The research was organized into three groups: (1) secondary analysis, (2) legal analysis, and (3) interview. The secondary analysis team examined literature on the history of Black land dispossession and agrarian resistance, conceptualizations of commons, and existing commons and commons-esque organizations, in order to identify governance structures, land ownership approaches, wealth-building and financial models, and knowledge-sharing practices. The legal analysis team researched the legal history of Black land ownership and land loss, present-day land ownership structures and business entities that may work for a commons, and innovative forms of ownership and governance grounded in legal theory. The interview team conducted virtual informational interviews with project staff and members of ecosystem organizations, asking questions about how their organizations define and serve their communities, understand food sovereignty, build wealth, share knowledge, support Black farmers, and conceptualize commoning and related practices.
Key findings from this report:
- Commons are as the communities that define them, and are actualized in relation to their modes of governance, legal structures, and internal wealth distribution.
- Wealth is understood beyond land and financial capital, to include knowledge-sharing, cultural continuance, housing, and more.
- This definition of wealth requires an understanding of how food sovereignty is cultivated: prioritizing access to and training in mixed economic models for Black farmers that create markets for foods they understand as culturally significant.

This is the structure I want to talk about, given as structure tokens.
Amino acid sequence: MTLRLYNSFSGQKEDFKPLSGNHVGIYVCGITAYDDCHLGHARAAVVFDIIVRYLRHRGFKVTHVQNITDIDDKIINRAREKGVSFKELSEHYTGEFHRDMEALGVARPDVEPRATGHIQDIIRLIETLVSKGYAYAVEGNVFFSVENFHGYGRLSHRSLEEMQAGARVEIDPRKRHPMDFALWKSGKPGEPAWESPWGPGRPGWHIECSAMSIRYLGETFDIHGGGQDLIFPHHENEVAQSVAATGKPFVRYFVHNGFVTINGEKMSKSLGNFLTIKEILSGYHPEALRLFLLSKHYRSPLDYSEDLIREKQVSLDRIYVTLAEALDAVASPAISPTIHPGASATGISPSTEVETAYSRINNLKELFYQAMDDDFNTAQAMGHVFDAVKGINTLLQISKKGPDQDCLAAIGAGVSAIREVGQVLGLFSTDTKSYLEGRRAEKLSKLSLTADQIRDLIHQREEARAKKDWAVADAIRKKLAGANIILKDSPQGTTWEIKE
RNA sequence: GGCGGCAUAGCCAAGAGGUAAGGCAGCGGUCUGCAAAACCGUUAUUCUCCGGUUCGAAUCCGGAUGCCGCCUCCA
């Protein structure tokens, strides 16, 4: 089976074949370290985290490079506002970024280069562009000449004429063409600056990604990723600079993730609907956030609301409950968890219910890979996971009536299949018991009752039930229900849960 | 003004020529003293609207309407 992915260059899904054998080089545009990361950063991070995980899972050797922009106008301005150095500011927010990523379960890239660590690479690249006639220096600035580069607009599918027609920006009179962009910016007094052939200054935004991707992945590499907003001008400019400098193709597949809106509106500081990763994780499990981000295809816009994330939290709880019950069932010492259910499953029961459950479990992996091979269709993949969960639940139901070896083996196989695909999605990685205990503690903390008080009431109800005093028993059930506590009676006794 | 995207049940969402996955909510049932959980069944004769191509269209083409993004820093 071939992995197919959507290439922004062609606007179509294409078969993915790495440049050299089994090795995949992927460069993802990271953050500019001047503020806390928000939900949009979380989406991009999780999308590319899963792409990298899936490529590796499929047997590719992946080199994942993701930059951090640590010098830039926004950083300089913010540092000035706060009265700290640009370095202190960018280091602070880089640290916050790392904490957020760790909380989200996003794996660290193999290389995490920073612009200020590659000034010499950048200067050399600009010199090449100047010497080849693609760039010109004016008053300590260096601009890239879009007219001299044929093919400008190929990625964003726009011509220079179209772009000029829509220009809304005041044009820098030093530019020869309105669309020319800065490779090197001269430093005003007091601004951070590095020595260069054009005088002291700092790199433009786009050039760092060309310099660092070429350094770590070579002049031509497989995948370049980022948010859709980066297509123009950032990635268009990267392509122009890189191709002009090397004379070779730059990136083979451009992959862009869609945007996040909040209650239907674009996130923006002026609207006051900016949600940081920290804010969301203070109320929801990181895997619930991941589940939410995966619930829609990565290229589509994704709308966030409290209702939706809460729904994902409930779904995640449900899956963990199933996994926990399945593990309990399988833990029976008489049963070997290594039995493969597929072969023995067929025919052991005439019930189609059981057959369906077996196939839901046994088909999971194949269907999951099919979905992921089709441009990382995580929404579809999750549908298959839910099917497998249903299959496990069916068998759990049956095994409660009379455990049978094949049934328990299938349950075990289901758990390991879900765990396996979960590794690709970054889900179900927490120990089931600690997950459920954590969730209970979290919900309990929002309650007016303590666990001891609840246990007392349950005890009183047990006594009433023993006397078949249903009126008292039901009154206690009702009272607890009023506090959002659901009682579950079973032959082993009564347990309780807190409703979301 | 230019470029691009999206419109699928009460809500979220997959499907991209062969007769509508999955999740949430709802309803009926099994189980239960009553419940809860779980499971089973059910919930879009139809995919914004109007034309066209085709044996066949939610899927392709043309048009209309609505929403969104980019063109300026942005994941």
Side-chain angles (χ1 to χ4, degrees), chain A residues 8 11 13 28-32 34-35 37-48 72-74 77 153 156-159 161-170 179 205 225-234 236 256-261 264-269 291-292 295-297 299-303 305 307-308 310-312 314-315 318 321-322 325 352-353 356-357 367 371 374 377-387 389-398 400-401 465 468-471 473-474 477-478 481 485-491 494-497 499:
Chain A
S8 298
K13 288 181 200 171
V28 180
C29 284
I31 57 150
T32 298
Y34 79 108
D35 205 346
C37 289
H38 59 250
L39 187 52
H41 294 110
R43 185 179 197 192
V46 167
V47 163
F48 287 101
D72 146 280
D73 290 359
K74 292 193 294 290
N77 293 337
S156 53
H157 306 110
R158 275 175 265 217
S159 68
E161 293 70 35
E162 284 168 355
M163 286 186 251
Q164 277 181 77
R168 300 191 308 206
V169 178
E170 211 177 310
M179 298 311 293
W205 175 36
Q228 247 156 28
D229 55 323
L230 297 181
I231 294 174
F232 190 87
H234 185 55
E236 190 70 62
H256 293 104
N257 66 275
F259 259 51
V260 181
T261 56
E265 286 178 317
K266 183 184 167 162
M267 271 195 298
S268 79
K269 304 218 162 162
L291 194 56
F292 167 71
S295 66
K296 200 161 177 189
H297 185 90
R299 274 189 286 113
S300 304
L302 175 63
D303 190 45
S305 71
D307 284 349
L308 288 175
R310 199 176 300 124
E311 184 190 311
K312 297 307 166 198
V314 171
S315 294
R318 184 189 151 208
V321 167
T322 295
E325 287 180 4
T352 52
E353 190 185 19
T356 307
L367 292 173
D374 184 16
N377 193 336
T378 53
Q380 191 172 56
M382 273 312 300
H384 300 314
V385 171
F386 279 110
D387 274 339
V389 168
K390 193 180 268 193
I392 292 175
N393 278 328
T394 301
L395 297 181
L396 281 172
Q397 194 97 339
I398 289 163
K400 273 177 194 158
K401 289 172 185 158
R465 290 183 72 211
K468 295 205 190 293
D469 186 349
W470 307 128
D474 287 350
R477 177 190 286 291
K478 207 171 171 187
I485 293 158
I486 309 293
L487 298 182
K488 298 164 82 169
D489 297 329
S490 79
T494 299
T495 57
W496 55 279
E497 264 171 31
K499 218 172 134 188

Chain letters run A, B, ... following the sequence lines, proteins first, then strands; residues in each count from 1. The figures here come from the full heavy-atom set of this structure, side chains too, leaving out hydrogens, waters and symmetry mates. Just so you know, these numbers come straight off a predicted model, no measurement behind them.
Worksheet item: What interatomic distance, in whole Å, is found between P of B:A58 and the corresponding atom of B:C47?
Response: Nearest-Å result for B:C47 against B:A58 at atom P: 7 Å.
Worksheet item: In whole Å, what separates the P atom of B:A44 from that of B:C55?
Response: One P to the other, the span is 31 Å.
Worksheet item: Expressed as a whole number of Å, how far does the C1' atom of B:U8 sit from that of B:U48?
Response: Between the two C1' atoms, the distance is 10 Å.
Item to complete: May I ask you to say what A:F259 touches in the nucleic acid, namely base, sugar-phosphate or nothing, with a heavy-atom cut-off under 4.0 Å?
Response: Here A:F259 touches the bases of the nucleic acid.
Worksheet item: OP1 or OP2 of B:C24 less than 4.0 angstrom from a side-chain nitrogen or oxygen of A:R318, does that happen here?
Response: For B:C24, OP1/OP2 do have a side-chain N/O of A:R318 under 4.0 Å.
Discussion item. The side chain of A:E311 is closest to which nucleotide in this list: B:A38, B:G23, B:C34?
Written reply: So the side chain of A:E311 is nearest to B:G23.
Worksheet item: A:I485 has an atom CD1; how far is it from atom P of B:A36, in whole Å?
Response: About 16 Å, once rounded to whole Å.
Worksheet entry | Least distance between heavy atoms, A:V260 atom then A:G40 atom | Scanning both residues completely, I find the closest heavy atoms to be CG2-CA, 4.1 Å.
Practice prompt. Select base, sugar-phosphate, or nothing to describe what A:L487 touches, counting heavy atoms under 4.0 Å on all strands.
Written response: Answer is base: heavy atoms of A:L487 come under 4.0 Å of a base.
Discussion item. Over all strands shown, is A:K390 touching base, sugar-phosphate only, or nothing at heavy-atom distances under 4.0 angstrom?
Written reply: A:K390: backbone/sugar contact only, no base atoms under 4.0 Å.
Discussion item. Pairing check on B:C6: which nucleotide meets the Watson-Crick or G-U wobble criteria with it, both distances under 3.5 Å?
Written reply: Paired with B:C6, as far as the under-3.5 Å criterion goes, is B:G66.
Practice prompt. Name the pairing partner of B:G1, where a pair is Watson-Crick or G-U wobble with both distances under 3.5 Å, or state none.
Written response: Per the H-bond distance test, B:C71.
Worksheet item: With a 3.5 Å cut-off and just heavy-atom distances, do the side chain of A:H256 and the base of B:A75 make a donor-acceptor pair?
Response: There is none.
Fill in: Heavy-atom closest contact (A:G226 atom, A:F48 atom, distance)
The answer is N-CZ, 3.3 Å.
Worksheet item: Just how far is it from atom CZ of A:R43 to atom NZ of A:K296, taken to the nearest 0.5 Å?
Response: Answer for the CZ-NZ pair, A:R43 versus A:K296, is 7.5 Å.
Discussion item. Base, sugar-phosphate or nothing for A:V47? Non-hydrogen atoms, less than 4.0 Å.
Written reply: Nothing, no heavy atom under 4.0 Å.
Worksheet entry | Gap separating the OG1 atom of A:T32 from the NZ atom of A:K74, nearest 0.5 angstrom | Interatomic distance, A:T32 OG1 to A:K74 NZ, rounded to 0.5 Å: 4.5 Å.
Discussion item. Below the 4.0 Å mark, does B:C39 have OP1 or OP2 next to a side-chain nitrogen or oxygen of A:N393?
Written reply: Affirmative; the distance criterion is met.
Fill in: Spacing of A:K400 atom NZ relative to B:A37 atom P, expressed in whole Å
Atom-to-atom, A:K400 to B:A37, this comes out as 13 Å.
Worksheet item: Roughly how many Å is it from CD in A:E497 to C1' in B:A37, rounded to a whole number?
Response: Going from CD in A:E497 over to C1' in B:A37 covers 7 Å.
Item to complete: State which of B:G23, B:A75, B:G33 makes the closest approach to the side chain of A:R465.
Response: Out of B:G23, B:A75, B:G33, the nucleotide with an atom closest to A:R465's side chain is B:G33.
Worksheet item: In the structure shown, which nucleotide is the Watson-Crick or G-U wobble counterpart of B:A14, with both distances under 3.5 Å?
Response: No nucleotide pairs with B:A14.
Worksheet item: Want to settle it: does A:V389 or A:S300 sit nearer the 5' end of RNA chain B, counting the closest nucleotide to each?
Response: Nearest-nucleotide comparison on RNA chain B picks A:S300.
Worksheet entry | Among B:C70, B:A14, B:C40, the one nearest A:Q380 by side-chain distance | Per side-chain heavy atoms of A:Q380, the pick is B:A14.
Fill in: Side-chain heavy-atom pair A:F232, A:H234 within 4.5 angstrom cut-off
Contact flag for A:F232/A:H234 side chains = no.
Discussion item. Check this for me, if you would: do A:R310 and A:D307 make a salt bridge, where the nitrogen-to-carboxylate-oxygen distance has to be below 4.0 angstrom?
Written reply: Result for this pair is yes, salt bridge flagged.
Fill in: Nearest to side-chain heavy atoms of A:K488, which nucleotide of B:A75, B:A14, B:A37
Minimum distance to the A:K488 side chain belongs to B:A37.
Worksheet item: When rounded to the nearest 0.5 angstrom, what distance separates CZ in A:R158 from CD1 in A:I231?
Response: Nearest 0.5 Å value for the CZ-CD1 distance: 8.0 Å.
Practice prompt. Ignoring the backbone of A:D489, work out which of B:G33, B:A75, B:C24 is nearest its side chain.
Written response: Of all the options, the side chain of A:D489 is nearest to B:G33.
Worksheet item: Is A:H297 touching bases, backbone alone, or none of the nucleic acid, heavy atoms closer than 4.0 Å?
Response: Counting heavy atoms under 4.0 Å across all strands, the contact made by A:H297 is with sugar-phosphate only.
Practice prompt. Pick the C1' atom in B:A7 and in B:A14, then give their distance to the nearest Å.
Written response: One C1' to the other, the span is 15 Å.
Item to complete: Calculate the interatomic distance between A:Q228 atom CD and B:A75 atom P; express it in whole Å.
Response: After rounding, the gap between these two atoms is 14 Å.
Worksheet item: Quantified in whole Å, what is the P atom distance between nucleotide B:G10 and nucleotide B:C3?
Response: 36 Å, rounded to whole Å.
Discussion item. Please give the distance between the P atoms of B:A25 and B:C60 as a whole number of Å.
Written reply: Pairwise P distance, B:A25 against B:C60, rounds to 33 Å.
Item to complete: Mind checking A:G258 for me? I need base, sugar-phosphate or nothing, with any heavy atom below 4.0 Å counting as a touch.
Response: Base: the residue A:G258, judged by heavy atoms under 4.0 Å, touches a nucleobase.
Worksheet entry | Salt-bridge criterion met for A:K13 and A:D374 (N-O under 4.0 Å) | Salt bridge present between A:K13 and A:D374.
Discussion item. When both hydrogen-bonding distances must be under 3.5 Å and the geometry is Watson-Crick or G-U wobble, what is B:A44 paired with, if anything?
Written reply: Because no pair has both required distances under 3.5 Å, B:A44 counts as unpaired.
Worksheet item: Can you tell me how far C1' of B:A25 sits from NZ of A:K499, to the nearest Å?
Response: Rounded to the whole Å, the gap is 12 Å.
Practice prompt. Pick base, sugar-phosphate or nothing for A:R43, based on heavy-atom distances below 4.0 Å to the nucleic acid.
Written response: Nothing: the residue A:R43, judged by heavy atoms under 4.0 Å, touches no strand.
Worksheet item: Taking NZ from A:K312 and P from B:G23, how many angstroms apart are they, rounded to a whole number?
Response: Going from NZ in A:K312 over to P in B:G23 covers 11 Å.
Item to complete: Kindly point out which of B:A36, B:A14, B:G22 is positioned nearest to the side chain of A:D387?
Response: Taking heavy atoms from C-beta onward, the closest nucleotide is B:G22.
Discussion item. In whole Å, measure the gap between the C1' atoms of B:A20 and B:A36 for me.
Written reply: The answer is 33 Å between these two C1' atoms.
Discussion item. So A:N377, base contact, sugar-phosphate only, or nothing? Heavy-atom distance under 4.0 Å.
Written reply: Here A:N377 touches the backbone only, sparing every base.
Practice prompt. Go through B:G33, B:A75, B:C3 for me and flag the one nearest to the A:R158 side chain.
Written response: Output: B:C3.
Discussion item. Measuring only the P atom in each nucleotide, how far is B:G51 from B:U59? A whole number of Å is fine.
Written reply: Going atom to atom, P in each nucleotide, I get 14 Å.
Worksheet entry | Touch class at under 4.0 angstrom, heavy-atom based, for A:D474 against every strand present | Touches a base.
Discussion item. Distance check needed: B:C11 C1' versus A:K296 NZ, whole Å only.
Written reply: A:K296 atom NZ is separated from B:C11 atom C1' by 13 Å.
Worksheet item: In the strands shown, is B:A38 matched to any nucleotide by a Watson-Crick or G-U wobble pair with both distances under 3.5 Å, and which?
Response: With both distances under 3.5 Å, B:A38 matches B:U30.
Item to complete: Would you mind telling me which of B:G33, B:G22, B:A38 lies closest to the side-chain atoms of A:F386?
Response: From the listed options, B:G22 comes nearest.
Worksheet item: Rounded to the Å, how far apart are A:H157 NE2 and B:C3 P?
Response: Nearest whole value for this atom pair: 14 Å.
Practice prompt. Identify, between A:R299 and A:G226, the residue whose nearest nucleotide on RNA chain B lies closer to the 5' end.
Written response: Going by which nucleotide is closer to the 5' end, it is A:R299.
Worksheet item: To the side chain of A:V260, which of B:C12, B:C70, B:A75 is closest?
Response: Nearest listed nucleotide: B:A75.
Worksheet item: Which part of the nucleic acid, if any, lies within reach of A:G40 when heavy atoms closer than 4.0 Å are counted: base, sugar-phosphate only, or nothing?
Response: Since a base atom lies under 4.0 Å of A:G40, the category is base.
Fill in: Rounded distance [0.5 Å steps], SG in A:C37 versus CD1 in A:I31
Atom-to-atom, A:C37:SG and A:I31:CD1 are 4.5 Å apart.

- Land justice, therefore, is a necessary precursor for achieving food sovereignty, especially for Black farmers.
- Legal structures are determined by several key dimensions: rules of governance, strong limitations on alienability, barriers to entry and right to exit, distribution of liability, sharing of control/ownership of profits and resources, and creation and intergenerational transfer of wealth. Four existing legal entities harness these critical dimensions to enable the legal system to facilitate commoning—land trusts, cooperatives, corporations, and LLCs—and they can work separately or in combination.
To date the preliminary conclusions include:
- Build the commons to be a flexible, multi-faceted structure that allows for many different conceptions of community, commons, wealth, relationships to land, governance, and food sovereignty. The process of “commoning” is incredibly dynamic, iterative, diverse, and self-defined.
- Strategize the design, pace of action, and priorities of the commons to reflect the incremental development that links short-term needs to the long-term vision of partner organizations as well as different participants' understandings of “commons.” The livelihoods and wellbeing of farmers must be protected first and foremost—with time, this will contribute to land justice, which is a part of food sovereignty.
- Engage with the Key Legal Dimensions for Commoning (described in the full report) to identify land ownership and governance models that best fit the objectives of commoning. The precise choice of legal organization has large ramifications for the key characteristics of commoning that may or may not be achieved; each legal entity comes with significant tradeoffs relative to others.
- Explore a multistrategy approach to building wealth by and for Black farmers and the communities in which they are embedded across the food supply chain. This requires thinking about how financial models can address the goals of the commons across different scales.
Education & Outreach Activities and Participation Summary
This land does not belong to us, we belong to it.” —Interviewee #5
“[The] rub comes between: The historical and ancestral legacy of commons, yearning for collective action, and the reality of living in this capitalistic society and how much we’ve lost and the deep desire to pass something on, something that our own children can build from.” — Interviewee #1
“If you don't give people agency, they don't have any rights, which I then call poverty governance. ” —Interviewee #4
We will at the next stage examine the different definitions of wealth and the economic models that are best suited to achieving the definition of the various definition